Dean Ford, among Control Engineering Leaders Under 40 for 2010
Want to meet the next generation of manufacturing automation and controls leaders? In November 2010, Control Engineering highlights 19 young professionals from around the globe who are making their marks in everything from system design to academia. These leaders aim to inspire others to get involved in engineering and resolve local and global challenges through smarter applications of automation and control technologies. Meet Dean Ford ...
Dean Ford, CAP, 39
Director Operational Consulting, 2 years
Columbia, IL USA
Job function: System Integration or Consulting
Academics: BS Electrical Engineering, Missouri Science and Technology University; Certified Automation Professional (CAP)
Achievements: Few have the passion I do. My entire 20+ year career has dealt with automation: from a co-op with Anheuser-Busch as an electrical engineering student, to helping my college get PLC programming classes started, to obtaining the Certified Automation Professional [designation], and now being a consultant. I started as a PLC programmer and designer, moving into HMI, databases, instrumentation, and on up to manufacturing systems. I now consult with clients to help them apply automation to benefit them in the short- and long-term. Currently, I am active in ISA, ISA99, ISA88, ISA95, and ISA101 standards committees. I serve as the chair of the Communications Committee for the Automation Federation, and am a member of the Government Relations committee, where we promote the profession at the ministry level of government, both domestically and internationally. As a representative of the profession, I have been to Washington, D.C., on three occasions to promote the profession, as well as [handled] workforce development and Industrial Automation Cybersecurity. I am in the ISA CAP marketing DVD and am actively mentoring subordinates, peers, and students. I have recently started an automation profession blog to continue promoting the profession online.
Non-work hobbies: I wanted to experience the Going Green concepts for myself. I put in a vegetable garden and experienced canning and making pickles. I installed a clothesline for drying clothes. I installed a water pressure valve on our well pump. We canceled our telephone land line service. We discontinued our trash service so we could gain a real understanding of what trash we generate each month. We stopped using paper towels and plastic grocery bags. I added insulation and changed our lighting to compact fluorescent while installing timers and power strips to eliminate vampire users. The modifications have paid for themselves.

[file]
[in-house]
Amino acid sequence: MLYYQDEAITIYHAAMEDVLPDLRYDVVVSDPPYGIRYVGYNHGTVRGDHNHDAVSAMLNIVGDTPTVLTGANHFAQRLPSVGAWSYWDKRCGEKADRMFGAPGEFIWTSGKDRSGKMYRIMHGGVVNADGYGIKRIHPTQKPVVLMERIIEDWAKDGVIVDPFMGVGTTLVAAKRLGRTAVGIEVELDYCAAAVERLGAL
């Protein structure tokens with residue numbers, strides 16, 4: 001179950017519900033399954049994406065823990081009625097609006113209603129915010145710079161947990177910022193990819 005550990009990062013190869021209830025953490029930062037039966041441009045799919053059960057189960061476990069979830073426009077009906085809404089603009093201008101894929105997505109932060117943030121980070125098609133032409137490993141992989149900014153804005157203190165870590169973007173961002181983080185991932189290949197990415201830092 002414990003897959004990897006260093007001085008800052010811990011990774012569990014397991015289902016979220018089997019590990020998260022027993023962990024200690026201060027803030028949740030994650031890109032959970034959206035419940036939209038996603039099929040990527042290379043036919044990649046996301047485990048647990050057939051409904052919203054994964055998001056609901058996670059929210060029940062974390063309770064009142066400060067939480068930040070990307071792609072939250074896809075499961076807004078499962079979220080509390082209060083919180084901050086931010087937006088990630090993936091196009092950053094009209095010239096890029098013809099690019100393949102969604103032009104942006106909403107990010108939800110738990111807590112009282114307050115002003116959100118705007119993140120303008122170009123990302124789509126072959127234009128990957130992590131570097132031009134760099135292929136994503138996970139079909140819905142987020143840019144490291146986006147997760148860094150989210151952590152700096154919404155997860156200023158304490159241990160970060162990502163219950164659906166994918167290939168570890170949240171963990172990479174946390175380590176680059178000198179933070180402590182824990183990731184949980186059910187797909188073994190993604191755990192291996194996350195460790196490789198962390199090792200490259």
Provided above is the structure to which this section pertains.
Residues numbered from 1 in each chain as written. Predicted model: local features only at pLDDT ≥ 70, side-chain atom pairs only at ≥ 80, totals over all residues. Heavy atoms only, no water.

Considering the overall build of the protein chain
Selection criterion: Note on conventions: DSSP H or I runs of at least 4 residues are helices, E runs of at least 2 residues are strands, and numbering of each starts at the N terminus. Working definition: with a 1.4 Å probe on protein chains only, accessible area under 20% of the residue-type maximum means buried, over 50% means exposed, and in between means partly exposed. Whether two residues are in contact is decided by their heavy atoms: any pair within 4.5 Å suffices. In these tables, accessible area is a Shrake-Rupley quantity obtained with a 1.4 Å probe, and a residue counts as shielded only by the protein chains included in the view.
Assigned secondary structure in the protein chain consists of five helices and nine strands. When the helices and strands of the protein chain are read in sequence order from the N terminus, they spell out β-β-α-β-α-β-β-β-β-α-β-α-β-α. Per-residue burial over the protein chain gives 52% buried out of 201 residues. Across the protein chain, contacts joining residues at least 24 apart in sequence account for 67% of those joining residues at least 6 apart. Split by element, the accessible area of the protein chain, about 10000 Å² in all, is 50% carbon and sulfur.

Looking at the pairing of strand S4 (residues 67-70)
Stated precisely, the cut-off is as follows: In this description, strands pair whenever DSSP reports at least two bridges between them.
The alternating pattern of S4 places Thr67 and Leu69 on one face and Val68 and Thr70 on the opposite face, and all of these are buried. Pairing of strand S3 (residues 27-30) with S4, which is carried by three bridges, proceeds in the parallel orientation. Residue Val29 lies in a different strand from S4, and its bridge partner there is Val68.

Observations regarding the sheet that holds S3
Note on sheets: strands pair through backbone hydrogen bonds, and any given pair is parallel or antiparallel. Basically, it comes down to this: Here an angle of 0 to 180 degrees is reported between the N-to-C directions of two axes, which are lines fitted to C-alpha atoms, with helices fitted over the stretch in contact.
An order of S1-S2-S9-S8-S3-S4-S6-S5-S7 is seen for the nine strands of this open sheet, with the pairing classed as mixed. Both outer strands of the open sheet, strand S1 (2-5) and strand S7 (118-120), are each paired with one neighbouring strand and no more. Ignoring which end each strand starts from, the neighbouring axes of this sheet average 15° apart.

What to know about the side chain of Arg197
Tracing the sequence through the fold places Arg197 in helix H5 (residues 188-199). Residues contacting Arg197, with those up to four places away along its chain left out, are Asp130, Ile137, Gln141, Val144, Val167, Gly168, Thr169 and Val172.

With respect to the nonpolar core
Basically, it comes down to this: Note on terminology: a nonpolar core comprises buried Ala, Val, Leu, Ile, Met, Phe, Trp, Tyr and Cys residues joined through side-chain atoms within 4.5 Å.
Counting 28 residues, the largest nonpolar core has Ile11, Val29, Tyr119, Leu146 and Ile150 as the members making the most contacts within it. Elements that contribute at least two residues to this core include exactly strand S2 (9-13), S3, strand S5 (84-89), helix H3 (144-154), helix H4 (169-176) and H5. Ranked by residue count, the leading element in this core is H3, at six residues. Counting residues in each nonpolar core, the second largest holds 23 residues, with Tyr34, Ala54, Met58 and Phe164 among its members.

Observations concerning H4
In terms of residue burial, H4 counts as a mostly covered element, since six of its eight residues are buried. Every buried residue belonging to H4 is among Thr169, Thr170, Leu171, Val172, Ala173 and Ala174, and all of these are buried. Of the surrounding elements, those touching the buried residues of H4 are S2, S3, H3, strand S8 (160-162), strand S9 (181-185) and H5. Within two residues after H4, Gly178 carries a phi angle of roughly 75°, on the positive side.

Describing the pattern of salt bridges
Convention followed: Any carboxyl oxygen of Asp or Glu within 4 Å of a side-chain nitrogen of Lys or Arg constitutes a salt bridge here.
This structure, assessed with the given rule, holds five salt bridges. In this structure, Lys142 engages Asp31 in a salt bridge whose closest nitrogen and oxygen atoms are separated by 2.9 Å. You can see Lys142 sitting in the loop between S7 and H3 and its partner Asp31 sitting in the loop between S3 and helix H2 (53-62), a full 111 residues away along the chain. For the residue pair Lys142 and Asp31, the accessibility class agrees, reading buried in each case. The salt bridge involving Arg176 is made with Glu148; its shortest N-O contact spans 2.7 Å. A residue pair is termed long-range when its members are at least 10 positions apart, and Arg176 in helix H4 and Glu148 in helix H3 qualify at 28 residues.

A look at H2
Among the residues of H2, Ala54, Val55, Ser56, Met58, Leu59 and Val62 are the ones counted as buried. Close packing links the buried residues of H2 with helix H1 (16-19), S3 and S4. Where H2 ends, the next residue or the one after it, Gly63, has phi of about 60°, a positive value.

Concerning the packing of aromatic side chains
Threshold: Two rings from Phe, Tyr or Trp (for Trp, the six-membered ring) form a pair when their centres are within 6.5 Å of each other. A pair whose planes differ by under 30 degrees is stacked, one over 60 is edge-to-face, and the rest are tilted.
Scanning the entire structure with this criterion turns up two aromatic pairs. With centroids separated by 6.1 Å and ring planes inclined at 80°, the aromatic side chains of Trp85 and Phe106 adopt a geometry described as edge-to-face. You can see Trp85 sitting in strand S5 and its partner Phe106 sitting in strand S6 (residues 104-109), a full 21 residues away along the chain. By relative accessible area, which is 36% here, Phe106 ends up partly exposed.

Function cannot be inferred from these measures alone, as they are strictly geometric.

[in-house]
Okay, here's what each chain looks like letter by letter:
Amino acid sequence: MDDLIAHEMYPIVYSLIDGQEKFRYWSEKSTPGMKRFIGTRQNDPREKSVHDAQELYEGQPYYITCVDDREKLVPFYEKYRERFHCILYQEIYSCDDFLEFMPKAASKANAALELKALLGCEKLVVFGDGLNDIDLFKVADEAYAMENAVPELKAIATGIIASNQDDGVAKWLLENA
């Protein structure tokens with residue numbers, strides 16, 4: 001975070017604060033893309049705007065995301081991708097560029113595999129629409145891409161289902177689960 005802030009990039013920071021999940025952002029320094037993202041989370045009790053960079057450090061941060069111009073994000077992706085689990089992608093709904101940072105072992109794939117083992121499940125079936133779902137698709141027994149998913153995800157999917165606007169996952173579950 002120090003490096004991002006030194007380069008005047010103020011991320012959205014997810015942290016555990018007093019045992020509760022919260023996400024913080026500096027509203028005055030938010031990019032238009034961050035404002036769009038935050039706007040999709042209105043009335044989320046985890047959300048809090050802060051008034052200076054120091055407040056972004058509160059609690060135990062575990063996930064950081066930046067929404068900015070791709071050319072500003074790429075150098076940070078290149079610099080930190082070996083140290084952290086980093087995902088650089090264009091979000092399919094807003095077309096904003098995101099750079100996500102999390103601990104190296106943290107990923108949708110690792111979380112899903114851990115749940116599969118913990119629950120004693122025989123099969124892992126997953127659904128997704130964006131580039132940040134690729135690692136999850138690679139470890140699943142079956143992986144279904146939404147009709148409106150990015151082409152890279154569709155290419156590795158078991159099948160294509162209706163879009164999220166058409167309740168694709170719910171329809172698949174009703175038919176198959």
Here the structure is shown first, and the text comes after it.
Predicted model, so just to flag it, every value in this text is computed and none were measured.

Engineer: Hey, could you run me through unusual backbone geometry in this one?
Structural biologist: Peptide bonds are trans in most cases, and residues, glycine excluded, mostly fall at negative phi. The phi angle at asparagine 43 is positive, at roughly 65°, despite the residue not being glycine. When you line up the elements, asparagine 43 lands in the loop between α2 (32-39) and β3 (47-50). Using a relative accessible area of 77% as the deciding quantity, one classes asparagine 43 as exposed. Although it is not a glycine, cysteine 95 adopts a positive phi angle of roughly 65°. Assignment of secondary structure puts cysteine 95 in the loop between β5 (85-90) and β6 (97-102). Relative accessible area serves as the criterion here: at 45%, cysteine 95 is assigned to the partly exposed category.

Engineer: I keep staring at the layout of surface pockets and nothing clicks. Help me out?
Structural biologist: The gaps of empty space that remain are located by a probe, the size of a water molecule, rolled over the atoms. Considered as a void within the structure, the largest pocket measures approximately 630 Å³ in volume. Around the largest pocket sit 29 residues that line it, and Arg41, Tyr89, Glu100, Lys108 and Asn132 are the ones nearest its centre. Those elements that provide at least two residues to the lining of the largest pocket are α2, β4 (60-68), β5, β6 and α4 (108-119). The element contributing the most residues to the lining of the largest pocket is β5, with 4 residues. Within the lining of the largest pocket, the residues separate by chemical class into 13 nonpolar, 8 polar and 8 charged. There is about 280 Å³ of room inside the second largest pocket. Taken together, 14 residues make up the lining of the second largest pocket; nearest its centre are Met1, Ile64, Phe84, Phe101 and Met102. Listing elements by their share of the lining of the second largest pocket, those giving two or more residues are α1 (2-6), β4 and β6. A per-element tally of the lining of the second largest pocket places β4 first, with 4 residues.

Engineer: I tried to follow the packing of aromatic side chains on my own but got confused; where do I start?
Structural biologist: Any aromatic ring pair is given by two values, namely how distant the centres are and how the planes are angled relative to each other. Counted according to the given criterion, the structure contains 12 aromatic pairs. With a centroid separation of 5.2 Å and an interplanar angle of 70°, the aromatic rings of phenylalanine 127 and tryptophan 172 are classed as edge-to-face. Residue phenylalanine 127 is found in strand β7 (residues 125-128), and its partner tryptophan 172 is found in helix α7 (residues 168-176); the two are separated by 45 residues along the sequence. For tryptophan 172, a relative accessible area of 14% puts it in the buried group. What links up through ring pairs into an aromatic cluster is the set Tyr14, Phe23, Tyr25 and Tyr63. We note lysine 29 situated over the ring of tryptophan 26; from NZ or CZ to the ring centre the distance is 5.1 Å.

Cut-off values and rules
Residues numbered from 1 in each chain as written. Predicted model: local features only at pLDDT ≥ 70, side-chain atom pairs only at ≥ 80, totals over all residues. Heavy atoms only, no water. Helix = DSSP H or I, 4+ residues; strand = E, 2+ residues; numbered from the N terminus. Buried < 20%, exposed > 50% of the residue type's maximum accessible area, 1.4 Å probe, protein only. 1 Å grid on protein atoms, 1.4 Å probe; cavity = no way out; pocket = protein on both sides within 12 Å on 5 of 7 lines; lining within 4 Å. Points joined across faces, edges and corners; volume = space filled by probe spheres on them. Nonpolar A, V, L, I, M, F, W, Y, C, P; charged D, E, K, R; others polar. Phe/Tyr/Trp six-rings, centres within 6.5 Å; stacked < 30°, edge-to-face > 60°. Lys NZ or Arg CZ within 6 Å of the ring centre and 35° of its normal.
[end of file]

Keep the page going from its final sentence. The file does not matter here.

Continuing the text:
Engineering hobbies: I increased the size of our pond to 4,500 gallons to make it a more healthy and self-sustaining environment. I designed and built a self-sustaining bio-filter that requires no maintenance. For pumping, lighting, and fountains, I had to design the system such that the pumping system would be sized properly. Another activity is communicating the importance of engineering and dispelling the “engineering is not cool” myths. I am primarily doing this through online activities by getting involved on LinkedIn and starting my own blog to spread the word of the good things that are going on in our profession. [link to blog]
More? I have a unique ability to work through a complex problem and find the root cause. My peers rely on me for this ability when starting up systems, as I do not make any assumptions until the data proves the answer. I am also unafraid of tackling any challenge. The more impossible, the better. I believe most people think too small and miss out on making real, lasting changes. Mostly, I enable those around me; I gain a great deal of pleasure from helping others succeed and reach goals they thought unattainable.
Start in controls: I fell into automation as we all did. Growing up, I discovered an ability to put electrical and mechanical skills to work together to solve problems. Along came computers and I easily grasped the logical world in which they work. I have a saying, “It's all ones and zeros,” meaning that no matter how complicated something is, the computer is just working on ones and zeros so, really, how complicated can any challenge be? I had the opportunity to co-op with the engineering at Anheuser-Busch that landed me behind a terminal programming a PLC, designing panels, and starting up systems.
Return to main article: Control Engineering Leaders Under 40, class of 2010
- Compiled by Renee R. Bassett for Control Engineering.
See www.controleng.com/awards for other winners and other recognition programs for all ages.
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